Hockey

Game #20 – Sabres vs. Hawks Spotlight: The Kids Could Call You HarJu

No point in looking anywhere else. This is where the main focus will be tonight.

It needs to be said at the top that the most likely scenario is that the Hawks long-term success will not hinge on the departure of Henri Jokharju, no matter how he does in Buffalo. At least the Hawks had better hope not. And yet you can’t help but ignore it’s another burned first round pick, assuming Alex Nylander continues to do a fearsome impression of “Memoirs Of An Invisible Man” as he has the past couple weeks.

It’s also one of the stranger sagas for a young player in the Hawks system.

What was so weird is that usually, Joel Quenneville would rather have Malort pudding than play young d-men. He was immediately enamored with Jokiharju last year. Now, that could have been out of desperation. Connor Murphy was hurt, not that Q would ever warm up to him, and the rest on display was trash. Jokiharju was at last mobile and had some skill. Remember, Q even flirted with trying to keep Boqvist around, such was his opinion of the Hawks blue line.

Jokiharju’s time in Chicago was up and down. He was up against it by starting his NHL career with Duncan Keith at perhaps his jumpiest and most disinterested, depending on the night. There were times he looked pretty calm, and others you didn’t really notice him, and others where he was getting buried. Pretty standard stuff for a teenage d-man.

But make no mistake, Jokiharju’s handling last year had a lot to do with the Hawks terrified of handling Brent Seabrook the way he deserved, and still does. The Hawks sent Jokiharju to the World Juniors, even though he didn’t want to go, because Connor Murphy was returning and the numbers indicated someone had to go. That bought them a couple weeks. They ultimately decided to keep him in Rockford because shuffling Slater Koekkoek, Carl Dahlstrom, and Gustav Forsling was a lot easier than playing Jokiharju every game and figuring the rest out. It had nothing to do with what made the Hawks better or his development.

It’s also weird how quickly he faded in their eyes. Jokiharju wasn’t terrible with them last year, even if he didn’t flash. But he went from easily making an opening night roster to suddenly below Ian Mitchell in their eyes down the road? And in only a couple months?

Clearly, something went on behind the scenes. It wasn’t much of a secret that Jokiharju wasn’t pleased about going to the WJC, and no more enthralled with the idea of spending half the season in Rockford. And the Hawks have never had much patience with kids who don’t follow their instructions silently. Generally that’s a good rule, but you do want some ambition in your prospects as well.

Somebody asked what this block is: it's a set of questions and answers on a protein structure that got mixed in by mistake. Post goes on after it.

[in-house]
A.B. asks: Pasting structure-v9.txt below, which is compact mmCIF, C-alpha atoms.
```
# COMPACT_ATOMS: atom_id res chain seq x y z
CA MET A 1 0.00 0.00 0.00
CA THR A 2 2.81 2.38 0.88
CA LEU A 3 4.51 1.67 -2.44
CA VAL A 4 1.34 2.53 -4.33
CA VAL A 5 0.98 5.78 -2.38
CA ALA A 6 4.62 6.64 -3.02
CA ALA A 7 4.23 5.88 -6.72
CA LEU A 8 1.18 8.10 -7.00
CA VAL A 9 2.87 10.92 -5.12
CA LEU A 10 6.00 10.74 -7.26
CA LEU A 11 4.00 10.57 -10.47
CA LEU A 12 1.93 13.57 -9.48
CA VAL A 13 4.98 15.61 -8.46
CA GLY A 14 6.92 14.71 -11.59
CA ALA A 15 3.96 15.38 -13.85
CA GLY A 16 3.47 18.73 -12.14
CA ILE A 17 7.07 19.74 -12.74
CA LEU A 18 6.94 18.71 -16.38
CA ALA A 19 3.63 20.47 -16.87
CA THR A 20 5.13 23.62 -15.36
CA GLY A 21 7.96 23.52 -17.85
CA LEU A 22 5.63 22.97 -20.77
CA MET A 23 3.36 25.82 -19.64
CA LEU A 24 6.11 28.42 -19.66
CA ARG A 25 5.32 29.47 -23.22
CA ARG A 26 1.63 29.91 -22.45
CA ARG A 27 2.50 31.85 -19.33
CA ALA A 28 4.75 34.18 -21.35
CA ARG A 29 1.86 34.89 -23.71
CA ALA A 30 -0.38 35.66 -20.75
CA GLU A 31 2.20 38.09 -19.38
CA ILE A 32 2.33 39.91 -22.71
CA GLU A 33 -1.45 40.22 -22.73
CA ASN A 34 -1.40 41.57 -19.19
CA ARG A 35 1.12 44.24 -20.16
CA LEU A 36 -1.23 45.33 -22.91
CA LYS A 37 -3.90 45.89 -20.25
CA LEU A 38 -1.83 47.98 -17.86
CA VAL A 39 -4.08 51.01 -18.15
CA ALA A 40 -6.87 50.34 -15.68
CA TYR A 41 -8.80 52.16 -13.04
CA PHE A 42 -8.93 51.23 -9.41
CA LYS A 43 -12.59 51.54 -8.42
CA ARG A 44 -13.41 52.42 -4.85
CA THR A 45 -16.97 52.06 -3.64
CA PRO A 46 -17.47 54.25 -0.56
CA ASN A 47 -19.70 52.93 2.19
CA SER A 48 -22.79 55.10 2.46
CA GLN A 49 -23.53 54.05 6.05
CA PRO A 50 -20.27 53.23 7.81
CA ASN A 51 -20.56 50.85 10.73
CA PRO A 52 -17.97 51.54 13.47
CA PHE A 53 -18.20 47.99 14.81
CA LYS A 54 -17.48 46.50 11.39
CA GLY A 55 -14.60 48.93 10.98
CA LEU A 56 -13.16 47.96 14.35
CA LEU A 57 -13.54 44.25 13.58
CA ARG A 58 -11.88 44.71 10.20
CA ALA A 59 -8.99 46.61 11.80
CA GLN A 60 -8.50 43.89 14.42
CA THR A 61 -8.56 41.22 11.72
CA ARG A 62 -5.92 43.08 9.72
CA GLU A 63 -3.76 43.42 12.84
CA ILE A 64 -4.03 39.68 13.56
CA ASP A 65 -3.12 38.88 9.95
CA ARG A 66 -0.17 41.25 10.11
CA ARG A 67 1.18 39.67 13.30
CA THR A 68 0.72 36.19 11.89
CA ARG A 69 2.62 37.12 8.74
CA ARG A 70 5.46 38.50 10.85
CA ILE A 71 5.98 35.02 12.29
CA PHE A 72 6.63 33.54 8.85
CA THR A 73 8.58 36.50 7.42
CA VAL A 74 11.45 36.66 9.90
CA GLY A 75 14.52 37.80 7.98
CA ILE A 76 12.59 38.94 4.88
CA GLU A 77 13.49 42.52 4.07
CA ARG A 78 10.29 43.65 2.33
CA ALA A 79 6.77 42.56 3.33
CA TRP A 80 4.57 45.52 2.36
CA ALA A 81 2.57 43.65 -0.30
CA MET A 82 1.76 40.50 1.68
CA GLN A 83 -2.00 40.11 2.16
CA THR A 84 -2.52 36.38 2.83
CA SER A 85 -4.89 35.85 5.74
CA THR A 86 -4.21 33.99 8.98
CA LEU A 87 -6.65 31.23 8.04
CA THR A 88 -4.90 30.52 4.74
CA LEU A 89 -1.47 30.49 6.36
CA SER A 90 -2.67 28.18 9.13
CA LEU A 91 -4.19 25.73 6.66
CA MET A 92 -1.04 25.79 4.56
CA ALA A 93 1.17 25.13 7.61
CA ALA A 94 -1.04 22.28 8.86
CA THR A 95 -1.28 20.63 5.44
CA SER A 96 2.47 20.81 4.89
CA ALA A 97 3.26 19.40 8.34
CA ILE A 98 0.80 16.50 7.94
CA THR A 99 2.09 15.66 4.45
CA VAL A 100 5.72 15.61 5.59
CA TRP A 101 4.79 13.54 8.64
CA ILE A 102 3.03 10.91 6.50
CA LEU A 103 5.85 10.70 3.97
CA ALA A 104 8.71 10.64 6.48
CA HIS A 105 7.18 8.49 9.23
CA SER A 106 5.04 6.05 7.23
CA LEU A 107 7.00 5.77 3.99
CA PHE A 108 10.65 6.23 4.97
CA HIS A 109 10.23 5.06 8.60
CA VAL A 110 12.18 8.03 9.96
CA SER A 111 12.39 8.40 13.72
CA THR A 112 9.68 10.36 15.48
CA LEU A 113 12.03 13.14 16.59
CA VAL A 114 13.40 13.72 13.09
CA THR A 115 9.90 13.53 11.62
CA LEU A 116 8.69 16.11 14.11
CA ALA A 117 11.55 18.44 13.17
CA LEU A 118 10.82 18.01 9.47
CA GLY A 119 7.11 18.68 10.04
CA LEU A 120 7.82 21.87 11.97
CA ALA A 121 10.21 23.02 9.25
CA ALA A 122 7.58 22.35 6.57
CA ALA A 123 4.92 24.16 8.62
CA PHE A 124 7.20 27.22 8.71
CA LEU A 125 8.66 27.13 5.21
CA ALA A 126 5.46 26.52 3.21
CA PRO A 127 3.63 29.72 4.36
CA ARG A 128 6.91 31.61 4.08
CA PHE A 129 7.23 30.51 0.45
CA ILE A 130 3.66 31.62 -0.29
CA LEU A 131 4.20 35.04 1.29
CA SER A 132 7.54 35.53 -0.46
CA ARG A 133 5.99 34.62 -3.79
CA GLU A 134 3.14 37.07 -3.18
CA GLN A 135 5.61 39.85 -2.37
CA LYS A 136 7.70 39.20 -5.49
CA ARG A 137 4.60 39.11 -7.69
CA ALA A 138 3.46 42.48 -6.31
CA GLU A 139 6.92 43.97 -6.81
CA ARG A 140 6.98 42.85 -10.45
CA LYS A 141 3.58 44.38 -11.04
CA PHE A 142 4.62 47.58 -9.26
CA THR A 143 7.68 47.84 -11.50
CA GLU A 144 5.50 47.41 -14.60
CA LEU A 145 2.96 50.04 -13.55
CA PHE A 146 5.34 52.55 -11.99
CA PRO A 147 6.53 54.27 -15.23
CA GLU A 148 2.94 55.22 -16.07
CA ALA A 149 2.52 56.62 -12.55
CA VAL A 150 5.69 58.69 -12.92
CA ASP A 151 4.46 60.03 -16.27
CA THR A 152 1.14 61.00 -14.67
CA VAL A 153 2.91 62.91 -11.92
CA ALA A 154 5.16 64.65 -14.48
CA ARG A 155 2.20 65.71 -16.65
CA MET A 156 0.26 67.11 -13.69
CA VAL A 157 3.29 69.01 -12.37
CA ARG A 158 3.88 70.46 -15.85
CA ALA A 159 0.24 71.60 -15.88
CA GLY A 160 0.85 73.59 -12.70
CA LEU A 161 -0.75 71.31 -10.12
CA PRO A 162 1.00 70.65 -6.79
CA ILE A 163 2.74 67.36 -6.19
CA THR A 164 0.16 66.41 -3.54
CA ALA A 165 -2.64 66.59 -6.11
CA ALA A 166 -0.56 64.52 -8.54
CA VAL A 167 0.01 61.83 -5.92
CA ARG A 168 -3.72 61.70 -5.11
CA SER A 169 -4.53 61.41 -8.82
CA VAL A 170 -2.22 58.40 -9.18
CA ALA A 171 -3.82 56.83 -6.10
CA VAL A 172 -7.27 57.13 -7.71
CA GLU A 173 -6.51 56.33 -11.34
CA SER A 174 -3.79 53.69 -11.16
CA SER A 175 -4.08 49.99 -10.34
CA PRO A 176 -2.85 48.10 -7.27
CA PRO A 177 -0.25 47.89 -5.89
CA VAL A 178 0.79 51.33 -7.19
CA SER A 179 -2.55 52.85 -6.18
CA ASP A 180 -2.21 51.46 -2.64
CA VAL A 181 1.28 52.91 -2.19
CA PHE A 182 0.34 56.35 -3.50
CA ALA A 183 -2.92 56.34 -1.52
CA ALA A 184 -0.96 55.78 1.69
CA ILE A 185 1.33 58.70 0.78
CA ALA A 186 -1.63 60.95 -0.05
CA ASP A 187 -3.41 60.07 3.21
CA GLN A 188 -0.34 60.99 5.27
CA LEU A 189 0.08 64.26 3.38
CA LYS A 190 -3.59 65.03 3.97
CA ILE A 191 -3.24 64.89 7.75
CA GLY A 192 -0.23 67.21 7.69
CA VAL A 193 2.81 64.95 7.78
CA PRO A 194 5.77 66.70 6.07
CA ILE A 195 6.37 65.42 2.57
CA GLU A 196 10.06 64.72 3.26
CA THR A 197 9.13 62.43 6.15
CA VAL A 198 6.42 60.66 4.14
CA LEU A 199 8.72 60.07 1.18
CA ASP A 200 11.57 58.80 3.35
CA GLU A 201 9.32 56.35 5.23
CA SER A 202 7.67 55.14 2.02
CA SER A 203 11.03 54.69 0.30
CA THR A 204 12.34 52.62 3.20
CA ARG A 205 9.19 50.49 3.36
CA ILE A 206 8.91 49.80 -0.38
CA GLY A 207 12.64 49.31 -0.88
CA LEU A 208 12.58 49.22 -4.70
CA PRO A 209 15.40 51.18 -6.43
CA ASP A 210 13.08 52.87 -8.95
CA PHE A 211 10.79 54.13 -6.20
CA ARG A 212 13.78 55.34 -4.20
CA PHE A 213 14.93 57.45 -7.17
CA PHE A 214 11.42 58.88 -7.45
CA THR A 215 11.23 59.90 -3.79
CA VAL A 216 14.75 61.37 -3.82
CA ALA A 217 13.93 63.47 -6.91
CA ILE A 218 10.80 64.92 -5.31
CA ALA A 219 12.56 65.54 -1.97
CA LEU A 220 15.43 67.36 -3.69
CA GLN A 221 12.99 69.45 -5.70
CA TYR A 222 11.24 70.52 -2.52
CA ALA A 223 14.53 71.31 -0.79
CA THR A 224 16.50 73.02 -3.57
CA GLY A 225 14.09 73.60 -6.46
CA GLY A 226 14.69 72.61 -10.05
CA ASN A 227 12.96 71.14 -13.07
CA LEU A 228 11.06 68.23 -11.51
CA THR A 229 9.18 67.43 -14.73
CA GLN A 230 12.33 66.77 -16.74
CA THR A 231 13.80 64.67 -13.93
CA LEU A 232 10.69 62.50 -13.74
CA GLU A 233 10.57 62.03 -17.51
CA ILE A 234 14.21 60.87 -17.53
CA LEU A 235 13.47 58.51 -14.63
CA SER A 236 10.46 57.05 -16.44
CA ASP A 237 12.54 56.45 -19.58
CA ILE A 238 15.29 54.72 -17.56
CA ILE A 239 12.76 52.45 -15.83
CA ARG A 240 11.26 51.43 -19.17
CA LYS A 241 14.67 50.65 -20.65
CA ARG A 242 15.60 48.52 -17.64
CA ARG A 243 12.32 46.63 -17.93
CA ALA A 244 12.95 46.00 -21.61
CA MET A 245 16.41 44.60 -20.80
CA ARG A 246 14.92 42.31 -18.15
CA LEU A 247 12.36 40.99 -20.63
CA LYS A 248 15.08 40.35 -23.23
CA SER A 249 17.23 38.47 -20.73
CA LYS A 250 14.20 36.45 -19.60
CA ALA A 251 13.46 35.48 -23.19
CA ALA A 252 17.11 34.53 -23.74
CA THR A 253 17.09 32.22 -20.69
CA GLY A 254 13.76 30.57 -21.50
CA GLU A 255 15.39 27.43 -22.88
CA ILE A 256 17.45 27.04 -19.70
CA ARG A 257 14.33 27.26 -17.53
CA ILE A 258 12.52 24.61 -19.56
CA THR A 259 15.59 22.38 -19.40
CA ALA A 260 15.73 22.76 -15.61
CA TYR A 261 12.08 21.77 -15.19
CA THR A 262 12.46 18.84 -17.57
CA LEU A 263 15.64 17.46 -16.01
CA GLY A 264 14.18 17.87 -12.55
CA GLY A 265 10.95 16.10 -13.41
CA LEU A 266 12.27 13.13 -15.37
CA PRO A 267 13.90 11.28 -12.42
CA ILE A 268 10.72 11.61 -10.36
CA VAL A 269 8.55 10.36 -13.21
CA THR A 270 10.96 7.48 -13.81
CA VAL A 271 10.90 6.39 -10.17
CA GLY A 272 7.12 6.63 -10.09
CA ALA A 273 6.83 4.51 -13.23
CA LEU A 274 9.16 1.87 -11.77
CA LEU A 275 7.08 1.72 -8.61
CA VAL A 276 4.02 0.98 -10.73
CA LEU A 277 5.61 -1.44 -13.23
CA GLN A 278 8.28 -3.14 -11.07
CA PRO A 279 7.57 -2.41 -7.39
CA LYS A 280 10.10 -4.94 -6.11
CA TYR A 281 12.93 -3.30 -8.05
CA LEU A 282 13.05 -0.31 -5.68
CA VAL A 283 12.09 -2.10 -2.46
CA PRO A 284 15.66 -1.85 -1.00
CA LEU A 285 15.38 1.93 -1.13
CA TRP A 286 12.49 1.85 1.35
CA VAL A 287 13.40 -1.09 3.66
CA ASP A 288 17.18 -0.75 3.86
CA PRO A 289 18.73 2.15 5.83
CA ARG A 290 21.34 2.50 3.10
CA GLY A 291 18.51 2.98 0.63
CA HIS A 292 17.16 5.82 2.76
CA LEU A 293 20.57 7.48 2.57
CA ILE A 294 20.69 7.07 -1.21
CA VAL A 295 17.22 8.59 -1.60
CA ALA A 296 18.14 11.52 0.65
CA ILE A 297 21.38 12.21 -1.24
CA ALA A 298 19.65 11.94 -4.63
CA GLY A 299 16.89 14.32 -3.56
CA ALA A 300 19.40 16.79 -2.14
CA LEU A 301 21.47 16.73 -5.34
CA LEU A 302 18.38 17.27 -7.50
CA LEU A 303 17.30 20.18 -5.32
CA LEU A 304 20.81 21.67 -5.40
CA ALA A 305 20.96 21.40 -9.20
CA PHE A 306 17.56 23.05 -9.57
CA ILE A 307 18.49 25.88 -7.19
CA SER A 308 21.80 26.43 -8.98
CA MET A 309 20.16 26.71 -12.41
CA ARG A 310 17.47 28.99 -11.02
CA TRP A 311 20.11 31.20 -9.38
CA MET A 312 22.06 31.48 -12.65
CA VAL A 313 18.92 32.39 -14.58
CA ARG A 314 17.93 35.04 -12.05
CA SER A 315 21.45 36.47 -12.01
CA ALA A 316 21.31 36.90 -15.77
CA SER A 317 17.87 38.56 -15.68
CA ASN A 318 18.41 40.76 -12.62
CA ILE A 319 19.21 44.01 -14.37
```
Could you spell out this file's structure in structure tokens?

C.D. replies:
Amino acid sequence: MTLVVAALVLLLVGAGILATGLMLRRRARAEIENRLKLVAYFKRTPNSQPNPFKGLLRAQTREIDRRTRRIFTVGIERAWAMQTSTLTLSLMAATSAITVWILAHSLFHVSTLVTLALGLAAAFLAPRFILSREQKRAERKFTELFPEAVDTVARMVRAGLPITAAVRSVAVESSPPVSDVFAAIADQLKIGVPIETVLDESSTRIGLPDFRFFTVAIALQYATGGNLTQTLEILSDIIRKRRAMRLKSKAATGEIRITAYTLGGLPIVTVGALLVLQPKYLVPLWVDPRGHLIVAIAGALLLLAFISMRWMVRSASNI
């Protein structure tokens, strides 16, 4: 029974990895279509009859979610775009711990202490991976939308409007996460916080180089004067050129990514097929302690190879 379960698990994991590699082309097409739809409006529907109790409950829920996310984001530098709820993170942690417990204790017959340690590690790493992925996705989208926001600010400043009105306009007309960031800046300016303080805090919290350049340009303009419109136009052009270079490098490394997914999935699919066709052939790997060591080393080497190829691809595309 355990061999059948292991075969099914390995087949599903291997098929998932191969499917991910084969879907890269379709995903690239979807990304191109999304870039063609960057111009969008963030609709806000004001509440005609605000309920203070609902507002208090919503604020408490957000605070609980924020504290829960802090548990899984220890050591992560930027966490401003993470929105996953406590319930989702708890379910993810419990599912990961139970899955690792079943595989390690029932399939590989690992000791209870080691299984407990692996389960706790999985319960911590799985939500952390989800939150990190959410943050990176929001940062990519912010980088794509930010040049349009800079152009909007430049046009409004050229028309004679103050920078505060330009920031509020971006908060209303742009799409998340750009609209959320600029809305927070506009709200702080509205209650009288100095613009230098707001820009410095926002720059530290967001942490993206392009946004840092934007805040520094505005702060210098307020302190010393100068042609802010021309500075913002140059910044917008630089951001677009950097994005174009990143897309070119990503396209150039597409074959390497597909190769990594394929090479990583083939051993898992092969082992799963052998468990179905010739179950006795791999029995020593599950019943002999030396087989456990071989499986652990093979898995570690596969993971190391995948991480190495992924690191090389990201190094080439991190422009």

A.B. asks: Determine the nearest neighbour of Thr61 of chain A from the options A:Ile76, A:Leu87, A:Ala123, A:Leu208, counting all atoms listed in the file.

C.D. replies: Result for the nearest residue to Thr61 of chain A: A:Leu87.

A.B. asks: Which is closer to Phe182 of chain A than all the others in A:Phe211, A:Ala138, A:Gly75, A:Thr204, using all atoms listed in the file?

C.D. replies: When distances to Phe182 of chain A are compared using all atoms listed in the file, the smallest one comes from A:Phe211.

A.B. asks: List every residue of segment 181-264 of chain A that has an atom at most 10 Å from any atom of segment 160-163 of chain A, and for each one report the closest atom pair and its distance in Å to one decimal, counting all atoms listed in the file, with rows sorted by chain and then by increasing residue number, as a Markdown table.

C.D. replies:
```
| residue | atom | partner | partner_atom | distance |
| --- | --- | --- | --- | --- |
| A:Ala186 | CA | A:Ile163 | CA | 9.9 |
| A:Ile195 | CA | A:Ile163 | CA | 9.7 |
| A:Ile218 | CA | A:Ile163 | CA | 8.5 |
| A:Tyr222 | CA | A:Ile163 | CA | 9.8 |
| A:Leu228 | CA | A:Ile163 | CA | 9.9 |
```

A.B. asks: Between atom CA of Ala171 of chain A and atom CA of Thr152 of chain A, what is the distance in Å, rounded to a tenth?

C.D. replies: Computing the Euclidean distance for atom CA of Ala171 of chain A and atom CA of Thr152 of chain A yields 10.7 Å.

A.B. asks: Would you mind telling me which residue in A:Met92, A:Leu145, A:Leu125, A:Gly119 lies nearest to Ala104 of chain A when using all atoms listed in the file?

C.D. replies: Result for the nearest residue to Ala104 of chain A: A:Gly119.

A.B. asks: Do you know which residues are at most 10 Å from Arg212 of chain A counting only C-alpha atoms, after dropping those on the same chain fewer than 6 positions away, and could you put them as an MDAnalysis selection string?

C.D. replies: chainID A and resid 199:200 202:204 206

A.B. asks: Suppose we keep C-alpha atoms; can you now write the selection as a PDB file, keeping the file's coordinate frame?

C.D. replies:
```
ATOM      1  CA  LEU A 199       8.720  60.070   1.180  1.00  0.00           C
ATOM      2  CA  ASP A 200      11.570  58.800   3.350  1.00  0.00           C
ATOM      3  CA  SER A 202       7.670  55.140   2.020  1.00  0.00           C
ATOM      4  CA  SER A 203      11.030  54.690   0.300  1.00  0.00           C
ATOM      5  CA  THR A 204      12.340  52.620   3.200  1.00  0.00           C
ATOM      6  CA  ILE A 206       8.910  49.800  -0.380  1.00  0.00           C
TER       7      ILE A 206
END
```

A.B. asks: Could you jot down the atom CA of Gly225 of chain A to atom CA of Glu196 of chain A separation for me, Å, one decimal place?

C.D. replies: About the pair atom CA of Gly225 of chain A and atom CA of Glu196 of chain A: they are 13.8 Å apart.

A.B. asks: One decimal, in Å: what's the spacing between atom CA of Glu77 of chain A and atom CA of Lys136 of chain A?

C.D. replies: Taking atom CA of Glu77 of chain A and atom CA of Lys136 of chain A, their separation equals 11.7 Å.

Jokiharju was also a victim of the Hawks slapdash, not-thought-through summer where they acquired de Haan and Maatta, who both had multiple years on their contracts left. How are they going to fit Mitchell onto the roster next year, even without the Finn taking up a spot? It’s jammed.

And if Mitchell and maybe Beaudin/Krys end up being contributors or more, and Boqvists fulfills his promise, no one’s going to notice Jokiharju’s absence. That’s what the Hawks are betting. The Sabres are certainly happy to have him.

Still, the last 10 years, the Hawks first round picks have essentially gotten them a season and a half of Teuvo Teravainen and nothing in return, a decent center in Dylan Strome but certainly no sure thing, Nylander who might not even make it out of this season, whatever Ryan Hartman was, two months of Thomas Fleischmann, and Boqvist and Dach. One was also moved along for Antoine Vermette, which hey, that works. Another was for the second go around of Andrew Ladd, which didn’t.

Here’s just a sampling of players the Hawks might have gotten with those picks: Evgeny Kuznetsov, Rickard Rakell, Jared McCann. Not exactly a great list, other than Kuznetsov back in 2010. But certainly the ones thatt have been moved along coudl have gone for more, or you’d hope they would.

Which makes Jokiharju’s trade even stranger. Certainly his value couldn’t have been hurt by letting him rip up the AHL for half of a season, or coming up when Connor Murphy invariably got injured. Maybe it wouldn’t have been too much more than Alex Nylander, but what these first round picks have become is a big reason why the Hawks are only now just putting in place a second generation after the glorious first one in the One Goal Era. Danault and Teuvo certainly would have helped with that.

Oh well.

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